Norman Joseph Woodland, inventor of the now ubiquitous bar code that revolutionised retail, has died at the age of 91.
Woodland came up with the zebra-like pattern used to store information as he drew lines in the sand on a Miami beach 64 years ago, his daughter, Susan Woodland, told a New Jersey newspaper.
He and partner Bernard Silver, who died in the 1960s, patented the idea in 1952 and sold it to Philco, an electronics company, for $15 000, she said.
Woodland was a mechanical engineer and worked for IBM for some 35 years, retiring in 1987. He was also part of a team that developed a laser scanner capable of reading bar codes in the 1970s, transforming the way Americans shop.
Woodland and Silver, who were teaching at Drexel University in Philadelphia, began the work that led to the bar code after the head of a supermarket chain asked for help in developing a better way to keep track of inventory.
A former boy scout, Woodland wondered if Morse Code could be used to track inventory, and began drawing lines of different thickness in the sand during a visit to Miami in 1948, his daughter said.
The code that eventually emerged is now known as Universal Product Code, and Woodland won the National Medal of Technology in 1992.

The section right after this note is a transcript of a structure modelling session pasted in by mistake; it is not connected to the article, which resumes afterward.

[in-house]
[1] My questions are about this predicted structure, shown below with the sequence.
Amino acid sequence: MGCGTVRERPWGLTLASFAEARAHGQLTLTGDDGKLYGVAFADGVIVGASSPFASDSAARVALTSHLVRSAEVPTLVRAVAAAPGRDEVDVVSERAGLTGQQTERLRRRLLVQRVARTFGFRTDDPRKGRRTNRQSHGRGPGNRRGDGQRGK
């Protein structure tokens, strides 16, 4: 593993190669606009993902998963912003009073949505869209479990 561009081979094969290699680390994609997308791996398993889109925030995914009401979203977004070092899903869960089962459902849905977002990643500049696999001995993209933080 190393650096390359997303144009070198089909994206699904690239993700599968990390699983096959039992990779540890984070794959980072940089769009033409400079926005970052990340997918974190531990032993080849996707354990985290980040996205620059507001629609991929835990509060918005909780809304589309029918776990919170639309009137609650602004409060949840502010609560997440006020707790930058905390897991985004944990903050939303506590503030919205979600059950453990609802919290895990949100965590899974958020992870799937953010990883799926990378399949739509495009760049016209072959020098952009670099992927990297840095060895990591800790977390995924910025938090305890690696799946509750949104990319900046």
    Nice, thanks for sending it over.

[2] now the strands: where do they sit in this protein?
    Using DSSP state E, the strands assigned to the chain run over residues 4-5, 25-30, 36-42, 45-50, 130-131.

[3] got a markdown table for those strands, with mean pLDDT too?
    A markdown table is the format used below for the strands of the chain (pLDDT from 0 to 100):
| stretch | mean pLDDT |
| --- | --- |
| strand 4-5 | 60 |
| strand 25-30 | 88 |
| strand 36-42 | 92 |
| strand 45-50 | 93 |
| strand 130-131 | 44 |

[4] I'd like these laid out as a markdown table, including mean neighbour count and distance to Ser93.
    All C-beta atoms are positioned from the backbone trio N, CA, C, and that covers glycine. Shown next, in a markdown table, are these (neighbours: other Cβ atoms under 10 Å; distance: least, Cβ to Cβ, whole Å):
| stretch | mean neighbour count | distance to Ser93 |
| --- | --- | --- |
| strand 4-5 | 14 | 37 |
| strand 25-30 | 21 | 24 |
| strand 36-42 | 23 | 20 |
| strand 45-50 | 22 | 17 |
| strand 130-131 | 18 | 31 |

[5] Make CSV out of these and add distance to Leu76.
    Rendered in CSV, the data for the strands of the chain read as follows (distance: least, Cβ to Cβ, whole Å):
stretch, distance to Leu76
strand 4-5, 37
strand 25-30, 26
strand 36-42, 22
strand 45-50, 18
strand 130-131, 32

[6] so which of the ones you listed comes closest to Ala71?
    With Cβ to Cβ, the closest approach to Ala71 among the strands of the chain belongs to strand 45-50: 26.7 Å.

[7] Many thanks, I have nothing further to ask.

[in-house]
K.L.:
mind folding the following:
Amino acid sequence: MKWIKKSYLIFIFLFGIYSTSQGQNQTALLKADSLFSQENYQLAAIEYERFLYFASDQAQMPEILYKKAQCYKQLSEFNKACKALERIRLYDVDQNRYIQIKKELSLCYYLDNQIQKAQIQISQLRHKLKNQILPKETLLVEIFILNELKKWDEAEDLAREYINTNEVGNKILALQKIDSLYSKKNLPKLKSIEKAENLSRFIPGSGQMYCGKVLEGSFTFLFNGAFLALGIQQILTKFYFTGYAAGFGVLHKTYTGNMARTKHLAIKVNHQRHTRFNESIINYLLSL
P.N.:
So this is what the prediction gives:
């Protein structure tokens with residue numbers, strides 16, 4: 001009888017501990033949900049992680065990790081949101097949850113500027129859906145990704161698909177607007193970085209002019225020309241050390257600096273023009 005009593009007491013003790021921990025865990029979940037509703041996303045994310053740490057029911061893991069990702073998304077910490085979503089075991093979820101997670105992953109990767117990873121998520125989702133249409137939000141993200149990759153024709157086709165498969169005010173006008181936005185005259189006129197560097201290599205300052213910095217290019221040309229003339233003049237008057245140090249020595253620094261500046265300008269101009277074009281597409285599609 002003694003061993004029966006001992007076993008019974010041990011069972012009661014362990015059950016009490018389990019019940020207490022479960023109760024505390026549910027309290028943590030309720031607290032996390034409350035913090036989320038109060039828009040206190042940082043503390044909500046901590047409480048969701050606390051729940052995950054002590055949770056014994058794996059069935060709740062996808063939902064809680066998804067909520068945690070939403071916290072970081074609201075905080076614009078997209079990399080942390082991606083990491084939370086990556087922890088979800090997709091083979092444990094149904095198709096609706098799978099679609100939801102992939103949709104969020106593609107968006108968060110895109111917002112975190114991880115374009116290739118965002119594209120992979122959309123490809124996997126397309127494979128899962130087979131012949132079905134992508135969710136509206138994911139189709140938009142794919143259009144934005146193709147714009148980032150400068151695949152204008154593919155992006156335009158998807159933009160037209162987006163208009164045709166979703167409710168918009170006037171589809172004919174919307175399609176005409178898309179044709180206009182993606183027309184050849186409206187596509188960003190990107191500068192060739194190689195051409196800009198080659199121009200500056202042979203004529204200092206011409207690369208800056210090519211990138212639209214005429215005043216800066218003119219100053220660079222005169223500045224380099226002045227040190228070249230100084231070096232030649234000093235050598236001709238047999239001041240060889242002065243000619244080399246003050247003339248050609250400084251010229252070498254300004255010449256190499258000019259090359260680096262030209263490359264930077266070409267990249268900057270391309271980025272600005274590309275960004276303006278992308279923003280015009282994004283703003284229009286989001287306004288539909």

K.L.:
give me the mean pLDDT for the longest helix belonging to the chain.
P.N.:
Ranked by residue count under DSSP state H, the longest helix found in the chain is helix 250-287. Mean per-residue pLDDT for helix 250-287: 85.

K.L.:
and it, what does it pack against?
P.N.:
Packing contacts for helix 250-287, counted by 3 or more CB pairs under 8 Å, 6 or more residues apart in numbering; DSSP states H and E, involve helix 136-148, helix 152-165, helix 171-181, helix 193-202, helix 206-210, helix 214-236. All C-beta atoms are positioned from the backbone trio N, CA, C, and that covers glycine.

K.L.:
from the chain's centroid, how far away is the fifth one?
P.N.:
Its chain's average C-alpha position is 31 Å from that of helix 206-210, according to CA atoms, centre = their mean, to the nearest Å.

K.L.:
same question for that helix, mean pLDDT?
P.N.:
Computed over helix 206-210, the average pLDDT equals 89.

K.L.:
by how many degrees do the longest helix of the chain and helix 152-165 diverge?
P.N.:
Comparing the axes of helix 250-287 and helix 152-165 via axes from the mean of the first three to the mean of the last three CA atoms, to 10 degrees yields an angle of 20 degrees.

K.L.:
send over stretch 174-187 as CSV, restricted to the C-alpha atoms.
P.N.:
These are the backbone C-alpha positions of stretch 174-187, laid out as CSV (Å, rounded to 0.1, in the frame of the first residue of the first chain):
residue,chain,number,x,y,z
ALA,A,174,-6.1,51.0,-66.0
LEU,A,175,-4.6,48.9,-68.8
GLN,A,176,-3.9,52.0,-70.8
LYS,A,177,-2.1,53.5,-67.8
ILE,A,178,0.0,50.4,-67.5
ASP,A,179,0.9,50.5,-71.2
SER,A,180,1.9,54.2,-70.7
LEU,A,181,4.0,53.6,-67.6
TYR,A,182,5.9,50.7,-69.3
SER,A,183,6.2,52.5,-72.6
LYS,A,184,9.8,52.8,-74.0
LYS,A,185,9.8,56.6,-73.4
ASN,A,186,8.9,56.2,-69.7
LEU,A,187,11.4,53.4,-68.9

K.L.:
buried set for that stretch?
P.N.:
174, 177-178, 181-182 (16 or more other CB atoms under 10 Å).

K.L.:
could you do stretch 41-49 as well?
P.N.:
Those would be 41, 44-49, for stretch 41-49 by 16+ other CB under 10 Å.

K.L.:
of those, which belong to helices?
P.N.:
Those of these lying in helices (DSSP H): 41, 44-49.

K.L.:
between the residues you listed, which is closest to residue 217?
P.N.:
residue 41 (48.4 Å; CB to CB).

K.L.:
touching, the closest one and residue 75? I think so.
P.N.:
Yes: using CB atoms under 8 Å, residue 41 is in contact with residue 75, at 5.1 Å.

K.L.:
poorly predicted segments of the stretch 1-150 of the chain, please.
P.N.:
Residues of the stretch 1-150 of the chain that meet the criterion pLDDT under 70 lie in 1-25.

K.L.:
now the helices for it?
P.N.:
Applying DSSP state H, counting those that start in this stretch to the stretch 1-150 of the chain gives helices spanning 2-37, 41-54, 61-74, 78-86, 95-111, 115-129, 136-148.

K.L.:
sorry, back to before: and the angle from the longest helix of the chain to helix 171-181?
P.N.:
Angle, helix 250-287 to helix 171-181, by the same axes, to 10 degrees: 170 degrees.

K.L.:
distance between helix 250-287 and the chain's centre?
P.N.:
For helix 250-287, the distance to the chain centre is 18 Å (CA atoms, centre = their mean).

Susan Woodland noted that her father came up with the idea for the bar code long before the computer age.
'Nobody understood what the numbers were'
"He knew the technology didn't exist at the moment, but that it would exist," she told the media.
"It was really fun the first couple of years when I was in college in the '70s, seeing grocery store chains start to adopt it," she said. "Nobody understood what the numbers were and how the bars were read."
N Joseph Woodland died at a senior centre in his native New Jersey on Sunday from complications resulting from Alzheimer's disease, she said, adding that a funeral had been held earlier this week.
Woodland is survived by his wife of 61 years, two daughters, a granddaughter and a brother. – Sapa-AFP